Physics Shows Us The Best Way To Cool Down Our Coffee

Photographed by Alexandra Gavillet.
Back in high school, I was horrible at physics. To this day, I still don't understand the Doppler Effect, how to calculate velocity, or what exactly causes black holes to form. After almost 10 years, though, I have finally found some physics that I actually do care about, and that's because it holds the secret to cooling my morning coffee. A science writer for Wired named Rhett Allain recently performed an experiment to try and figure out the most efficient way to cool a cup of coffee, and the results may save us from ever burning our tongues again. The investigation started with three cups of coffee. One was cooled down by blowing into the small hole in the coffee cup's lid, one was cooled by removing the lid altogether, and one (the control cup) was left untouched, with its lip on. Allain gave each cup its own thermometer to keep track of cooling rates. The very scientific study revealed that — drumroll, please — the lid removal methods is the best and most efficient way to cool down your coffee. In his article, Allain says that physics is what's behind this method's cooling success. Specifically, we have to thank a little something called "cooling by evaporation." If you think back to what you learned in those basic science classes, you might remember this term. Allain explains, "As water on the surface of the coffee evaporates, it leaves behind lower energy water molecules, resulting in a lower coffee temperature." When you remove the coffee cup's lid, there's a greater area for the water on the surface to evaporate. So, it cools down more quickly. Based on the grade I receive in that 9th-grade physics class, I'd never have thought I would one day be thanking physics, but there's no denying, in this situation, the subject really comes in handy.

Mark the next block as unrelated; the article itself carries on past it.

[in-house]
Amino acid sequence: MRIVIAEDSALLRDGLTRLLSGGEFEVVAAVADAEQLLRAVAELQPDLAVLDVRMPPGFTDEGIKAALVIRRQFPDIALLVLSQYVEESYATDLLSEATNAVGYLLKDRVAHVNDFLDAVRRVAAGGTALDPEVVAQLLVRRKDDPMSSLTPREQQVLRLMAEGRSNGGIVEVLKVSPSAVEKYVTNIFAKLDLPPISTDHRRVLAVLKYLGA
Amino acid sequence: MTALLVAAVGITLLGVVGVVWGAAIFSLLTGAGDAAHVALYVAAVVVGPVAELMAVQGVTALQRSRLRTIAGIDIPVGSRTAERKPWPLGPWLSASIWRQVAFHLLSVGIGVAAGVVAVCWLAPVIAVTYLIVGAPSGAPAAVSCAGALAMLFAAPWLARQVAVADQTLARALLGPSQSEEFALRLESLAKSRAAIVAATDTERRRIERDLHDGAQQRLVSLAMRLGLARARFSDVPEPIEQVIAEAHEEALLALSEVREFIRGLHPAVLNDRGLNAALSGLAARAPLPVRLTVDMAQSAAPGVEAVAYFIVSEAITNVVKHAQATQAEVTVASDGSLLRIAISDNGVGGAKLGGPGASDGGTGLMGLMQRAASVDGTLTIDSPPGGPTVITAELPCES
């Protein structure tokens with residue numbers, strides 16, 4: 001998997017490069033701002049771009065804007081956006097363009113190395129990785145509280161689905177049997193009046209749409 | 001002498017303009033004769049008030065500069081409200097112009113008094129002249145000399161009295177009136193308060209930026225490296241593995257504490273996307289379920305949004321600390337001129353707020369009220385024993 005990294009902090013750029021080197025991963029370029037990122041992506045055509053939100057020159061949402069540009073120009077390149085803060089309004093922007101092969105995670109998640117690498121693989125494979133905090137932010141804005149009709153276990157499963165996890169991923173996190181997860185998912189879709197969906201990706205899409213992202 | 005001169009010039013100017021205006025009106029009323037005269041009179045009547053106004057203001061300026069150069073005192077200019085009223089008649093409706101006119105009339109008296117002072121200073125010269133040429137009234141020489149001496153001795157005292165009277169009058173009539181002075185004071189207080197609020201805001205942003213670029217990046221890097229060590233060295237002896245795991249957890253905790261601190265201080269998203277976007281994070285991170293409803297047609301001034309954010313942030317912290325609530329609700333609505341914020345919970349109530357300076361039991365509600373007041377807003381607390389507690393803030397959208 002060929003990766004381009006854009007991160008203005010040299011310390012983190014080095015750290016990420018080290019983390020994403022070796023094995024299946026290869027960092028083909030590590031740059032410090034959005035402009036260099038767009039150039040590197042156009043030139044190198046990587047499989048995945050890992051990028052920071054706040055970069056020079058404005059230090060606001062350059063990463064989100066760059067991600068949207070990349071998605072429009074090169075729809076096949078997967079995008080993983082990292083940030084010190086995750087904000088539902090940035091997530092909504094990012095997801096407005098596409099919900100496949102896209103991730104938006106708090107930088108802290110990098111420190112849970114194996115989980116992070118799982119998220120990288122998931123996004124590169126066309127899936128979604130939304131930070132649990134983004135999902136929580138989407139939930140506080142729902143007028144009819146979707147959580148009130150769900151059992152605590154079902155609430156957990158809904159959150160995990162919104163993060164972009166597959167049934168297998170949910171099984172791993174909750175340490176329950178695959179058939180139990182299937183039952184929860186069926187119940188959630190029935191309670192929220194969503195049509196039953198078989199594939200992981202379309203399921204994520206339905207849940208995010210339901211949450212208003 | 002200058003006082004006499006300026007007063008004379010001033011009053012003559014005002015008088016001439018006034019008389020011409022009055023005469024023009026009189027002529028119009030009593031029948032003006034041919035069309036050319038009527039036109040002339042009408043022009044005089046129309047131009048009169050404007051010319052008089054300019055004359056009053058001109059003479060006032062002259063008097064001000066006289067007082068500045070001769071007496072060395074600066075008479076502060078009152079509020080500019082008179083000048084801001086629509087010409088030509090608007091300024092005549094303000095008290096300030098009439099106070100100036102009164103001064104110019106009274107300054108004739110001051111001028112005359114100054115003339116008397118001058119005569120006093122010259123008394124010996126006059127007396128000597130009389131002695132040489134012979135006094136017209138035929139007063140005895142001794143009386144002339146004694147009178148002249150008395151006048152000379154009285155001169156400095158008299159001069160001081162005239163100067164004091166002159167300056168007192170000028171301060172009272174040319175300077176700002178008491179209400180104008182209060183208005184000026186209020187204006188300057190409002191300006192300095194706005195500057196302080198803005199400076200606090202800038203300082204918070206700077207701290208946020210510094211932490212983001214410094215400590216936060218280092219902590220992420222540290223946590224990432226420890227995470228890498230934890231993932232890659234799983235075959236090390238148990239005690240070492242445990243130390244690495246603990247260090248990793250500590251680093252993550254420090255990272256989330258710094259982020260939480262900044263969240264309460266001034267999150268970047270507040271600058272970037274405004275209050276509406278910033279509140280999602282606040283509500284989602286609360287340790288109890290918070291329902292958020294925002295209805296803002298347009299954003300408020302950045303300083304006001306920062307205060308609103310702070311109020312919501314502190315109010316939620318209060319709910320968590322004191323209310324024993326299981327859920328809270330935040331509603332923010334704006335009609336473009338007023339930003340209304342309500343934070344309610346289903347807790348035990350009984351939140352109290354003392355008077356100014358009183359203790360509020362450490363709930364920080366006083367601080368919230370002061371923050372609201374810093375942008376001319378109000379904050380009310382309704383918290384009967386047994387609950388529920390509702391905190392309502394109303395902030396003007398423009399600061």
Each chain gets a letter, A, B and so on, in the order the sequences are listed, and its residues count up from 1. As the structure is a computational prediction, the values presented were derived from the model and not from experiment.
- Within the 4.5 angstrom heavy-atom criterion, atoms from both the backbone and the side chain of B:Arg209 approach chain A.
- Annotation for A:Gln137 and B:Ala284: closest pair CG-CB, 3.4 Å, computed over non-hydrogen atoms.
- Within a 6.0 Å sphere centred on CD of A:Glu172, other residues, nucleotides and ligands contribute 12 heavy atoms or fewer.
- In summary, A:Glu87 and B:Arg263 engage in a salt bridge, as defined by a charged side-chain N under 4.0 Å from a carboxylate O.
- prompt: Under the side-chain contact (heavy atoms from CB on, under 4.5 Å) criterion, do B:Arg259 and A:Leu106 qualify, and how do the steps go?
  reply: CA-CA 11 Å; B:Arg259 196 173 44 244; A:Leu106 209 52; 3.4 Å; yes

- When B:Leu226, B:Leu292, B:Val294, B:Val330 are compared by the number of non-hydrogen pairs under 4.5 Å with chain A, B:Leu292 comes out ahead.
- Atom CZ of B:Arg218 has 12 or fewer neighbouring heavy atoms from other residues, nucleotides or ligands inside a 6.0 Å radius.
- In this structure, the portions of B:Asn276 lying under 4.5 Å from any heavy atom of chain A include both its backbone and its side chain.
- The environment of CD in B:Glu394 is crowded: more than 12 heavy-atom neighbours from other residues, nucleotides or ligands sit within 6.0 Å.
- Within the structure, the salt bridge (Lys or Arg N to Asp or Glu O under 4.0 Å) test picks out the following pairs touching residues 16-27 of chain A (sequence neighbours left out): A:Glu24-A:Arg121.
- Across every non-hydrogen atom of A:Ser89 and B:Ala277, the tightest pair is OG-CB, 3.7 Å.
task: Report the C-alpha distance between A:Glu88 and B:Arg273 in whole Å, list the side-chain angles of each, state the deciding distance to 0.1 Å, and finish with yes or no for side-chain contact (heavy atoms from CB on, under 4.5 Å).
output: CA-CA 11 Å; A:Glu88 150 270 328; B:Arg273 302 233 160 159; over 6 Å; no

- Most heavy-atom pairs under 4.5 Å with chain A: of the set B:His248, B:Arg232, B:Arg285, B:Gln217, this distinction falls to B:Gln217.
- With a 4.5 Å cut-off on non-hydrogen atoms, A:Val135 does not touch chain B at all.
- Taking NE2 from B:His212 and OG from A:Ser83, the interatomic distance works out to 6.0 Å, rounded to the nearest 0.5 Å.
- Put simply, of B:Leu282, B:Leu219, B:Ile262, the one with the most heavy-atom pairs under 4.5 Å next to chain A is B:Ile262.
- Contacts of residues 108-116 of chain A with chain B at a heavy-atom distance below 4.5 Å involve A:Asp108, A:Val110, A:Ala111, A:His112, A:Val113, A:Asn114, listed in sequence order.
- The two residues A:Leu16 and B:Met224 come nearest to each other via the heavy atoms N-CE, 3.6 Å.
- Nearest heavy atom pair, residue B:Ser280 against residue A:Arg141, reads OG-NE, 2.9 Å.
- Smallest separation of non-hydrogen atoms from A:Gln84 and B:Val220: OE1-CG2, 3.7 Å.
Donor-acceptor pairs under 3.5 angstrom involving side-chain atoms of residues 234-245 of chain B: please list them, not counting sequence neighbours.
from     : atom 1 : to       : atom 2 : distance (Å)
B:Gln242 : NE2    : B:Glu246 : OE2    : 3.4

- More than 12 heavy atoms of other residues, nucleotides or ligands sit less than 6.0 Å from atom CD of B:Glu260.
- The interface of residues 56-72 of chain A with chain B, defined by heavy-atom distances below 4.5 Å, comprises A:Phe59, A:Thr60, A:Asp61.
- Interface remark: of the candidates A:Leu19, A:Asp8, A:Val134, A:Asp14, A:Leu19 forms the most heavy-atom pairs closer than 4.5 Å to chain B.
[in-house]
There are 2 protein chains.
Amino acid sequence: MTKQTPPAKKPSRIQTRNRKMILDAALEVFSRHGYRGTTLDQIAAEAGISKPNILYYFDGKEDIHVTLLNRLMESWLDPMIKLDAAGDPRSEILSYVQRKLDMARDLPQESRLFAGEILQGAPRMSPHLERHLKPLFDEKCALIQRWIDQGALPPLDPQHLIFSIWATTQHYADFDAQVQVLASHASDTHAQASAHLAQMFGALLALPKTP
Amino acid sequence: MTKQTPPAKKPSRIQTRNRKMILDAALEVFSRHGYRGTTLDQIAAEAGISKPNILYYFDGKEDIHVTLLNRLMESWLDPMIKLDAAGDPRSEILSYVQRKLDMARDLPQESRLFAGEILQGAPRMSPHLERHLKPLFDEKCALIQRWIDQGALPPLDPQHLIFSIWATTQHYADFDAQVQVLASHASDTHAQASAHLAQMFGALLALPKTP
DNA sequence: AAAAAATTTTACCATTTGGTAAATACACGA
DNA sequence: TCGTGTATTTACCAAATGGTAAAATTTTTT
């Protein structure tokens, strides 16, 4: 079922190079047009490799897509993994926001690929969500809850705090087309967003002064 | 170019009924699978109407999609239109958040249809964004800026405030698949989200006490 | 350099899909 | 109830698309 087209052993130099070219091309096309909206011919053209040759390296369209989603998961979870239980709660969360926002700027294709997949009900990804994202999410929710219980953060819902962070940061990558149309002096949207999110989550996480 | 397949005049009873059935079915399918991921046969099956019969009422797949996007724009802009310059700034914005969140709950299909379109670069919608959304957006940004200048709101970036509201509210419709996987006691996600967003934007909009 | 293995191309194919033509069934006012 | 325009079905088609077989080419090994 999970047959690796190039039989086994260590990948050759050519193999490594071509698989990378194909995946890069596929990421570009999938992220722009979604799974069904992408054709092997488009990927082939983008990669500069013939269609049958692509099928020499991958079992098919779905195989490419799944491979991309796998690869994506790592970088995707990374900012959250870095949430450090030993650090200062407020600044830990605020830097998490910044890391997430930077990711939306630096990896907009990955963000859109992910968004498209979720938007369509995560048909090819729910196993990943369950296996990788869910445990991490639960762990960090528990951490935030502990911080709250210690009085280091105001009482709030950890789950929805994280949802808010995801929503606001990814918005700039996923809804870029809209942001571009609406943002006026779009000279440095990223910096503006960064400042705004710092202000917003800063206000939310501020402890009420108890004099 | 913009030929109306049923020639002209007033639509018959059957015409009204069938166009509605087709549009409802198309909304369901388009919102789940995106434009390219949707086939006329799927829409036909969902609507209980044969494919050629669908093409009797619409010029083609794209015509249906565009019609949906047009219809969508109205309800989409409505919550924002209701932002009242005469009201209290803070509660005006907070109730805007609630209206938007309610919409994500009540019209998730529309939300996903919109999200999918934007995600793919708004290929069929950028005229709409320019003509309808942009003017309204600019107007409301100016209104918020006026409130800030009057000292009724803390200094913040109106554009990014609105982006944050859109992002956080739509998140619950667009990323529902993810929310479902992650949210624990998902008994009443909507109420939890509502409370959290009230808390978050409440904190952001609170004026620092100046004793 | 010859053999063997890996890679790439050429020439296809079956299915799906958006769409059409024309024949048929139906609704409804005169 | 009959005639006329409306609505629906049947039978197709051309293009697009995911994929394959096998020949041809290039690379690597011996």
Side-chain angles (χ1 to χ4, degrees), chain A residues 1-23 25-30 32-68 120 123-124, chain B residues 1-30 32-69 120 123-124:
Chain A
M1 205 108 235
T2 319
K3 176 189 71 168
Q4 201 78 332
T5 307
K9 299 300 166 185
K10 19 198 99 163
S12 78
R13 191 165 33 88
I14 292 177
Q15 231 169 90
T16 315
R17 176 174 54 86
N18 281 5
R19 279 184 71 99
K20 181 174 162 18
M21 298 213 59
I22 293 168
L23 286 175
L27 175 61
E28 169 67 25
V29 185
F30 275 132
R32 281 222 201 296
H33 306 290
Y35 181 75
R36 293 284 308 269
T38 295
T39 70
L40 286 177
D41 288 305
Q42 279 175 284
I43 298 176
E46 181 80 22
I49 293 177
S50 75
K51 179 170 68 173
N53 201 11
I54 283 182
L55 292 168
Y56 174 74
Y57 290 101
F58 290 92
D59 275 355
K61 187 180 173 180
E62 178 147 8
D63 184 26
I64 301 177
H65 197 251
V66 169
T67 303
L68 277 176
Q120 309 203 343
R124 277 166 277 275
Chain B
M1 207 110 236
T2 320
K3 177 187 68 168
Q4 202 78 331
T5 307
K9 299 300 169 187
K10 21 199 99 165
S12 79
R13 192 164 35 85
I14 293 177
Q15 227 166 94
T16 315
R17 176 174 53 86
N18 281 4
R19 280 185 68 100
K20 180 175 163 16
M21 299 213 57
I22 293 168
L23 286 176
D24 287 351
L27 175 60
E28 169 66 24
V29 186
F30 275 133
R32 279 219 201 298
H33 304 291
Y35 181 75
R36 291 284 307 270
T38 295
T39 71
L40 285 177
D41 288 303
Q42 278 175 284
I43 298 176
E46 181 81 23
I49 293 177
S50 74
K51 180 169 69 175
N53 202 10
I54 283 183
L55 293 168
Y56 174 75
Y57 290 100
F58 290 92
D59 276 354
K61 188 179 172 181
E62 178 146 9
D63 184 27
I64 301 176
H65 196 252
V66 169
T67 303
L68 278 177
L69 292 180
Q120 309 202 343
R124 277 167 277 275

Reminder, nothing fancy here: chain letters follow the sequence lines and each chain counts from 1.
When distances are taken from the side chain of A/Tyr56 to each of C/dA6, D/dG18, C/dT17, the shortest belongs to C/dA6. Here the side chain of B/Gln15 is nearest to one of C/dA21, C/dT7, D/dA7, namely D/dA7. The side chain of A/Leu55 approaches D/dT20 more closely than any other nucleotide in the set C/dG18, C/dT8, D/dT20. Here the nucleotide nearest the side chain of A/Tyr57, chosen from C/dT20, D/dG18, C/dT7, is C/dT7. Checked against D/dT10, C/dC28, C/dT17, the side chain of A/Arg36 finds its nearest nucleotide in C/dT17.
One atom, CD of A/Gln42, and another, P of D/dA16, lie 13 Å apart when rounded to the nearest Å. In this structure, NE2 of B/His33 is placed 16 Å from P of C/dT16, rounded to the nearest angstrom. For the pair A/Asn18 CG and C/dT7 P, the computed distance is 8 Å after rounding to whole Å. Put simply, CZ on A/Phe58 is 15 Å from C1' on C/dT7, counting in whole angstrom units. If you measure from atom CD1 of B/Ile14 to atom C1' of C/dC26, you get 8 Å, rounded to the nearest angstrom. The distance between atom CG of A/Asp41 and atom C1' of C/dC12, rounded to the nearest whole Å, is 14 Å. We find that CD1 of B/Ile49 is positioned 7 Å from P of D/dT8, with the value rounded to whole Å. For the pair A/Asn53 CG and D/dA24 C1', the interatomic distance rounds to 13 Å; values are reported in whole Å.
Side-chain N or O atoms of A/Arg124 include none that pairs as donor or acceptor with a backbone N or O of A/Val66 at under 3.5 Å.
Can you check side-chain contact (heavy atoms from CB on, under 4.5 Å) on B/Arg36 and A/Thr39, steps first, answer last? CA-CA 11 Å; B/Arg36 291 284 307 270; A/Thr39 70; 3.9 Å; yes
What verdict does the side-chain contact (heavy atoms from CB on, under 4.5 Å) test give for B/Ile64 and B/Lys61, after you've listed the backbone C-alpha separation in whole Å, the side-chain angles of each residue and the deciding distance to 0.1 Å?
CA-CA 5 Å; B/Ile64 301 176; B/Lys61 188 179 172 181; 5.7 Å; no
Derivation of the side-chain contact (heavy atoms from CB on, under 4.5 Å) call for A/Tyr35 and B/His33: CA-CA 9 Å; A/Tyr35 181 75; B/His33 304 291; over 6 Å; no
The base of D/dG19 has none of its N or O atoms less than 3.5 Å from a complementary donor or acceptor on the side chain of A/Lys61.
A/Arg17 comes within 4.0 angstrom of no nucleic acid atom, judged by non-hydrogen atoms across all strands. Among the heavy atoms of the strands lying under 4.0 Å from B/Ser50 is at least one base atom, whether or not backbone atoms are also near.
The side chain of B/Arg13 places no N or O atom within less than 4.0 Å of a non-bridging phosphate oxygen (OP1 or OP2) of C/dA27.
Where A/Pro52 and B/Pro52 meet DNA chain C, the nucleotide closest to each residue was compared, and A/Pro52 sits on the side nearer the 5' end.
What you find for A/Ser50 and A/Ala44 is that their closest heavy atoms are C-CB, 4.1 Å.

More from Food & Drinks

R29 Original Series